By Patrick Anderson
Journal Staff Writer
Progressive Rhode Island Democrats released a “Women’s Economic Justice Platform” on Wednesday that includes the latest effort to erase the gender pay gap.
PROVIDENCE — As the number of women elected to the General Assembly hits a new high and the House prepares to vote on enshrining abortion rights in state law, progressive Rhode Island Democrats released a “Women’s Economic Justice Platform” on Wednesday that includes the latest effort to erase the gender pay gap.
“If we are really serious about economic equality for women and people of color, if we are serious about supporting working families, it is far past time for ending the practices that perpetuate the wage gap,” said Rep. Susan Donovan, House sponsor of the pay equity bill.
Last year’s version of Donovan’s pay equity bill was rewritten — some said gutted — by House leadership in the waning days of the legislative session and died when it could not be reconciled with the Senate version. Hard feelings about the collapse of the bill helped open a schism in the Democratic caucus and opposition to House Speaker Nicholas Mattiello.
This year’s pay equity bill has the same lead sponsors — Donovan in the House and Sen. Gayle Goldin in the Senate — and the same basic elements as last year’s bill, which was modeled on Massachusetts’ wage gap law.
The bill would expand existing Rhode Island anti-discrimination laws, make it easier for workers to sue for unequal pay and ban employers from asking prospective hires their salary history. Forcing job applicants to list their prior wages has been blamed for perpetuating the cycle of paying women less than men.
The bill also makes it illegal for employers to muzzle workers from discussing their compensation packages.
In addition to gender discrimination, the bill also seeks to protect workers from being shortchanged on compensation based on race, “religion, sex, sexual orientation, gender identity or expression, disability, age, or country of ancestral origin.”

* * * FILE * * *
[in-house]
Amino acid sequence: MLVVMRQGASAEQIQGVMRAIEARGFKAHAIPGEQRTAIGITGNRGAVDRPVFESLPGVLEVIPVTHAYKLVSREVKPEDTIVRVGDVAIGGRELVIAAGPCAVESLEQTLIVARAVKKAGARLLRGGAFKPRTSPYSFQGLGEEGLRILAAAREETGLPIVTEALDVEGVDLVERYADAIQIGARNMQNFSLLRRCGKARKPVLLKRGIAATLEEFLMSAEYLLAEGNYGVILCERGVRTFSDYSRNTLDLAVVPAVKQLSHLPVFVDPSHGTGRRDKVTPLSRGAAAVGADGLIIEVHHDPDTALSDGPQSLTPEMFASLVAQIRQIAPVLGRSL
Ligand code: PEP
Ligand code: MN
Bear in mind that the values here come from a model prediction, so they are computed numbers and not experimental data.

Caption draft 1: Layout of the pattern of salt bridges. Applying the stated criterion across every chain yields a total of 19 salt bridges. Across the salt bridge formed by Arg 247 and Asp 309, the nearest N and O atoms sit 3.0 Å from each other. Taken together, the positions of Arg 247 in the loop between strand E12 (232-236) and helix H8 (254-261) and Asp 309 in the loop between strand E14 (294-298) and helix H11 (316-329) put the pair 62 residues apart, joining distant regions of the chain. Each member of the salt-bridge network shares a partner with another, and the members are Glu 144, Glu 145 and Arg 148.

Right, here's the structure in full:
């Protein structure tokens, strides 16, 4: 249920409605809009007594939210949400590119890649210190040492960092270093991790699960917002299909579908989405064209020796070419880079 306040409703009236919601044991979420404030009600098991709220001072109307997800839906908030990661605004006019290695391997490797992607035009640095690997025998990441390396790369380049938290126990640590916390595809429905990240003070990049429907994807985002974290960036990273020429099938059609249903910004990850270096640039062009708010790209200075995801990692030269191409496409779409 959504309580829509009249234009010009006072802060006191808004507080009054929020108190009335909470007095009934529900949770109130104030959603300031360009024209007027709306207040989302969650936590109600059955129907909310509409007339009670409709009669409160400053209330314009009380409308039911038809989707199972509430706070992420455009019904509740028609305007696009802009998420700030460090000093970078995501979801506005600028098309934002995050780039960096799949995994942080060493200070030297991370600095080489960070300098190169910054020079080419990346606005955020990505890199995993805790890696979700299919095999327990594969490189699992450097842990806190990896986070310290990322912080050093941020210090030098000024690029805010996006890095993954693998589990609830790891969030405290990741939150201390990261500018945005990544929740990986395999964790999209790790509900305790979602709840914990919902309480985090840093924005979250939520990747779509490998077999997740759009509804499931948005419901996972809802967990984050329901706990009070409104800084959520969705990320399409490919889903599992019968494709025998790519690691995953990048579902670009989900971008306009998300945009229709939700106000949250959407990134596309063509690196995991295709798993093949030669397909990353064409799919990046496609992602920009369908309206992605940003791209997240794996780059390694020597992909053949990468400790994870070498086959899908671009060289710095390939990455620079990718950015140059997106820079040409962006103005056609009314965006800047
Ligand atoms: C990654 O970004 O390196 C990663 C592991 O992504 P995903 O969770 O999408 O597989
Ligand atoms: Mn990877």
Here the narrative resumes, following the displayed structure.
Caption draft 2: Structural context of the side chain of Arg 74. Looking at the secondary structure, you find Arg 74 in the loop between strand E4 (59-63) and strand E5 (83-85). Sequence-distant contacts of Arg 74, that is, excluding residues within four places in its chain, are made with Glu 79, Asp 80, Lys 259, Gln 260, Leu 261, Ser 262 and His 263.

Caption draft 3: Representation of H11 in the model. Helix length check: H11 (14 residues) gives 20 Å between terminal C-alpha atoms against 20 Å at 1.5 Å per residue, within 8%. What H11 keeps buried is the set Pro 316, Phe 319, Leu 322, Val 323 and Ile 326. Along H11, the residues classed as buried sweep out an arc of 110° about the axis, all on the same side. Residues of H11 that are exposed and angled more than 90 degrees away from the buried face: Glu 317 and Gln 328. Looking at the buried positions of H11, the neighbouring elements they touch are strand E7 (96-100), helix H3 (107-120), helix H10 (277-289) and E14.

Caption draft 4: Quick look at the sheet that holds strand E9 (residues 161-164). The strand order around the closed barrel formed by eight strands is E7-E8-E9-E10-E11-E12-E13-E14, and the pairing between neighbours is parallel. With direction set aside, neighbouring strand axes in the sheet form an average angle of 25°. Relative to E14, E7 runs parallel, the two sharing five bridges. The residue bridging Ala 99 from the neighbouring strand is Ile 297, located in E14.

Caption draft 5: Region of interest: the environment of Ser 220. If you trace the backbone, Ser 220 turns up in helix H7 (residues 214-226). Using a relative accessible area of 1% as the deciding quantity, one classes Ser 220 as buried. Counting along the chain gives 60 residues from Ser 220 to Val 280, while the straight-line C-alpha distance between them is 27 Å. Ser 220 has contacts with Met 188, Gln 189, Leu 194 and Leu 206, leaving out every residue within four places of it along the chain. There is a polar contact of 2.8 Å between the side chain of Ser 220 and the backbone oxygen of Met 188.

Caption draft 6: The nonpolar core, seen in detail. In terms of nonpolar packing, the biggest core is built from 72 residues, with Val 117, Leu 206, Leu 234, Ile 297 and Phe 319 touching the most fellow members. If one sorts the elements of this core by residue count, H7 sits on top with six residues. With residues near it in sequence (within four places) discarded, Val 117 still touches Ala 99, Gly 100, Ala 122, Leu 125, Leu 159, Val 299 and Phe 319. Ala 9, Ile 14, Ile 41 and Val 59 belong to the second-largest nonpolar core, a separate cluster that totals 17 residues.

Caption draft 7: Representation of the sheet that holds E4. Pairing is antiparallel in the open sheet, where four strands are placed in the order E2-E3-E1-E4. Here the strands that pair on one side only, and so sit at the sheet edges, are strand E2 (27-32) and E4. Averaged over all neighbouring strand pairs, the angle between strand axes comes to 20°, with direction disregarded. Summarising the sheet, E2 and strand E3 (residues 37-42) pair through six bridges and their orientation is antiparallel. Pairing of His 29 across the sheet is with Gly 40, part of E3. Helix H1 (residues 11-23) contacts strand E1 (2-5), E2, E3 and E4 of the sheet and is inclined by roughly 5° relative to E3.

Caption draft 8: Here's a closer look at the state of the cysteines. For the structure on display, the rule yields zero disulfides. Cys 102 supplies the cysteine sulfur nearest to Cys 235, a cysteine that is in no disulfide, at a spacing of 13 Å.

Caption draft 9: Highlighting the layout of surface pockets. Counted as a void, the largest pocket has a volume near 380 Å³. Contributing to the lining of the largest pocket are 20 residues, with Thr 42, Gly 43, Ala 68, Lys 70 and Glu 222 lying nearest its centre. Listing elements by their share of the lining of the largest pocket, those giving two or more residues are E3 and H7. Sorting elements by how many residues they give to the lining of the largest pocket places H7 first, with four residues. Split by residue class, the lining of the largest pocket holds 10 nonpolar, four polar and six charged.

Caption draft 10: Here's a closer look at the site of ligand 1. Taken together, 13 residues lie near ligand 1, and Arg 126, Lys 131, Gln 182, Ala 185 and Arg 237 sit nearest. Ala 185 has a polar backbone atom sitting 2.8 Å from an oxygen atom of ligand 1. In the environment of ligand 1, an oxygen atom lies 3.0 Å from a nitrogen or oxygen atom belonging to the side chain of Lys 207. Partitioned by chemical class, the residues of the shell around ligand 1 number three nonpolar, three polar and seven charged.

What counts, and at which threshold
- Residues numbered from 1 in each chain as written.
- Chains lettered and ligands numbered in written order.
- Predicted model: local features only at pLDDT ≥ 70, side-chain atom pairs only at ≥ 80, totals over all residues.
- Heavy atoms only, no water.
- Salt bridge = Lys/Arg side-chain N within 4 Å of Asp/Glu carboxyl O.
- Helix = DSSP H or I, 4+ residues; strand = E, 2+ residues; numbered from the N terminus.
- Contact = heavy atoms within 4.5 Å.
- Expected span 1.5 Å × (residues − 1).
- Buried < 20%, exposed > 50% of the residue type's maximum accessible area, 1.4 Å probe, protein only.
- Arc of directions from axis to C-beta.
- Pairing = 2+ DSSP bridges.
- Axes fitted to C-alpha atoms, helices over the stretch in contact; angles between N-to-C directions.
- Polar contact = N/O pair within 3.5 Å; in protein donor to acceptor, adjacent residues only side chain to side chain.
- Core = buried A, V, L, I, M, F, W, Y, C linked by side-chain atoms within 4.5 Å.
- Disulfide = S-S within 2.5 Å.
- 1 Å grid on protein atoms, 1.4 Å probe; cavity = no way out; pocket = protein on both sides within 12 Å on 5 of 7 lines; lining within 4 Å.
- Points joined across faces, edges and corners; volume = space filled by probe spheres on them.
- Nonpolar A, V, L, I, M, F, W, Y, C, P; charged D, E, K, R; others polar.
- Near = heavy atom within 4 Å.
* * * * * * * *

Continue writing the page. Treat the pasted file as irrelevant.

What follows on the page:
Most controversially last year, the bill would make it illegal for employers to pay women less than men for “comparable work,” rather than having to prove they were paid less for the same work.
Businesses and the Greater Providence Chamber of Commerce argued “comparable work” was too vague and could lead to opportunistic lawsuits.
The primary change made to this year’s bill “streamlines” the potential damages and penalties that violating companies could face to make it less confusing, Donovan said.
Like last year, the pay gap bill is supported by Gov. Gina Raimondo, Senate President Dominick Ruggerio and General Treasurer Seth Magaziner.
Neither the House nor Senate has scheduled a hearing for the pay equity bills yet.
The push for legislation to end the gender pay gap comes as the number of women in the General Assembly is set to hit a new high.
When June Speakman, who won Tuesday’s special election, is sworn in next week to replace Rep. Kenneth Marshall, she’ll be the 27th woman in the House, the most at least since the chamber was shrunk to 75 members. There are 16 women in the 38-member state Senate, the most ever.
The pay equity bill is among a dozen pieces of legislation in the Women’s Economic Justice platform, including the most recent bid, by Rep. Marcia Ranglin-Vassell and Sen. Ana Quezada, to raise the state’s minimum wage to $15 an hour by 2023 (and then index it to inflation).
Other bills in the package would:
– Eliminate the lower tipped minimum wage
– Double the length of Temporary Caregiver Insurance paid leave to eight weeks
– Increase child-care reimbursement rates
– Raise the minimum wage for health-care workers to $15 an hour
– Extend vocational education for CCRI students
There are also nine bills recommended by Rep. Teresa Tanzi’s sexual harassment task force last year.
The Economic Justice platform launch was held by a coalition of advocacy, union and liberal groups, including the Working Families Party and Economic Progress Institute.